Mom Was Right: Rock n’ Roll is Bad for You! But There’s a Cure

…the one thing he loves destroyed his ability to enjoy the one thing he loves.

I had two experiences in the last week that are conceptually related, leading me to examine a topic of great importance to all musicians and music lovers: ear protection. First, I saw TOOL last week at the Pepsi Center. Second, I had a good conversation with a stranger.

MJK and AJ
Adam Jones and Maynard James Keenan celebrate after their Oct 16th performance in Denver.

Yes, I was one of the lucky ones who didn’t have to sell their car or take out a second mortgage in order get into the TOOL show (a topic of injustice I’ll bank for another post). I’ve seen TOOL a handful of times and one consistent experience I’ve had at their shows is the significant hearing loss I encounter over the next 48 hours. A few years back I purchased some nice custom-molded sound attenuating earplugs for band practice. Yet, despite my best intentions, I am ashamed to say it wasn’t until last week that I actually remembered to take them to a concert.  Long story short, I wore my ear plugs the entire show and didn’t even notice them. The audio quality was great. Its also worth noting that once I removed the plugs after the band left the stage and the house lights came on, I was literally pained simply by the ambient noise of the people shuffling out of the venue! That alone opened my eyes to the potentially damaging decibels that go unnoticed in daily life. Oh yeah, and no hearing loss the next morning. So high-five to that!

Next, a few days later, I met someone who had spent their entire life working in the music industry. From our brief yet detailed conversation, I gathered he spent most of his time working as an engineer in recording studios around LA and Texas. Unfortunately this person now suffers from 80% hearing loss in both ears. Now, this guy isn’t much older than myself, so 80% hearing loss is pretty tragic for a fortysomething-year-old man. This is a person not unlike myself, probably not unlike anyone reading this blog post, in that he obviously adores music. So much so that he dedicated his life to it. Yet here he is midway through his life and the one thing he loves destroyed his ability to enjoy the one thing he loves. How’s that for a dysfunctional relationship?! Sheesh!

So you can see why, after having these two experiences within days of each other, I’ve been stewing on the health of my hearing and the greater concern for all of us who play live. I take these synchronicities in life seriously. I started Googling around about hearing loss and found it was often being grouped together with another ailment: cognitive decline. There have been multiple studies that have shown conclusively that hearing loss expedites the natural decline in cognition all humans suffer while aging. As hearing deteriorates the ears start picking up less sound detail and, therefore, less sound information is being sent to the brain. The brain is like a muscle; if you don’t use it you lose it. So if one of your most sensitive senses, your hearing, isn’t running full tilt, you can bet neither is your noggin. So, the added bonus to hearing loss is losing your mind. Not good.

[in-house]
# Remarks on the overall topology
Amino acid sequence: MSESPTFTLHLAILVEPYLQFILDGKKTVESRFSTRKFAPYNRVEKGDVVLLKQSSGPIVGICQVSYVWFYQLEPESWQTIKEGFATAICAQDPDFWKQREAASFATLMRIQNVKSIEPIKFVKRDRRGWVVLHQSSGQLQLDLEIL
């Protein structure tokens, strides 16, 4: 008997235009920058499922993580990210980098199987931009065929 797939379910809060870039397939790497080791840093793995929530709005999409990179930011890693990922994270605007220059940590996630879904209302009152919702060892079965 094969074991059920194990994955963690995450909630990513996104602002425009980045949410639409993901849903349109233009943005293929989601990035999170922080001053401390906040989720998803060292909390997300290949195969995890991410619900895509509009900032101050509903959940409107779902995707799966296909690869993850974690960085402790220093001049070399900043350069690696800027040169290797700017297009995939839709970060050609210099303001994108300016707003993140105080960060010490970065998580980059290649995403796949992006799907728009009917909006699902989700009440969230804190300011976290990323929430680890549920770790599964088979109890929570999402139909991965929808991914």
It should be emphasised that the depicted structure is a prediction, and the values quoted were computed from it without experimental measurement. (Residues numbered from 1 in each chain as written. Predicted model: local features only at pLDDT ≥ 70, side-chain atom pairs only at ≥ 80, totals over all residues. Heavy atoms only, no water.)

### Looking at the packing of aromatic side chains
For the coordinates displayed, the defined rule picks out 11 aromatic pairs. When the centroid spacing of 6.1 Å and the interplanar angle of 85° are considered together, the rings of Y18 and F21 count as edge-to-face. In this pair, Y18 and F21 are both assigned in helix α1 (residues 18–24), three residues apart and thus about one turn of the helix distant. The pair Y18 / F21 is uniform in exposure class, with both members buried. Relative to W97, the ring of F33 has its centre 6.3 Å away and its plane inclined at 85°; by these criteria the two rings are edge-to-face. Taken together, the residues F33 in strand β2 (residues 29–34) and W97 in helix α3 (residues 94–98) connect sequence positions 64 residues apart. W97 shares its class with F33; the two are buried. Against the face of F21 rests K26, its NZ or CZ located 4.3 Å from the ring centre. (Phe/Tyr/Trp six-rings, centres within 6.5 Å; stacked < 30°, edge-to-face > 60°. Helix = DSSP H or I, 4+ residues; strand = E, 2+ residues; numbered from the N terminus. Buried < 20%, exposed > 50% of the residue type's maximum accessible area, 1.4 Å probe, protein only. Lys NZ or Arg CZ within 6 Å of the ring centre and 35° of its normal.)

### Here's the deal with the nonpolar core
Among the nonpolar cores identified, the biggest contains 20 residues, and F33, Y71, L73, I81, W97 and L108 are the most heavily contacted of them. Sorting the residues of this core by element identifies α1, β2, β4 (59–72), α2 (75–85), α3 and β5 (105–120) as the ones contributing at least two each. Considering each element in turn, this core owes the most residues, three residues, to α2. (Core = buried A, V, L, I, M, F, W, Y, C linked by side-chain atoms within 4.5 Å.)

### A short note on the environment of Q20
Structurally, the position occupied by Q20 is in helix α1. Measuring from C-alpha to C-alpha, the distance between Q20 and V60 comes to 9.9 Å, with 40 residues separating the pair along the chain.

For reference, sounds at or below 70db are considered safe. Anything above that can cause permanent damage depending on the length of exposure. So being in a movie theater where the sound is easily 85db and lasting a couple hours will cause long-term hearing damage. Running your lawnmower with around 100db of noise for as little as 15 minutes will cause permanent damage. Being exposed to 110db for as little as 2 minutes will permanently damage your hearing. Can you guess what volume band practice falls into? It is easily at or above 110db and I’ve never heard of a 90 second band practice. So I hope I’m making my point. Playing loud music without ear protection will eventually result in a life that’s less enriching and more difficult. Who wants that?! As an experiment I would recommend downloading one of those free decibel-measuring apps to your phone. Try it out the next time you practice and let the numbers speak for themselves.

Example of a decibel meter app. Any sounds above 70db are considered unsafe.

Fortunately, we live in a time where there are many great options for ear protection and you don’t have to suffer with those fat, spongy orange things they hand out at chainsaw carving contests. I really don’t want this to turn into an earplug advertisement, especially since I only have experience with the ones I currently own. But I will say that I would DEFINITELY recommend them. I use the Westone ES49 Custom Earplug and, simply put, they are comfortable and they work exceedingly well. And at under $200 all in, they’re a bargain considering what I wrote above about going deaf and crazy at the same time. Ok, end of product ad. If you sincerely want more info on my personal experience with the Westone plugs, feel free to email me via the contact page and I’d be happy to help.

Just Google around and you’ll find there are many modern techie earplug options out there specifically with musicians and concertgoers in mind. Do yourself a favor and, instead of buying a new effect pedal or going out to dinner this weekend, put that dough towards protecting your ears. Once the music career naturally slows down with age, you will still have many years to enjoy listening to your favorite albums and playing at home. You are going to want your ears and mind sharp for that and the rest of life’s pleasures.

Take care,


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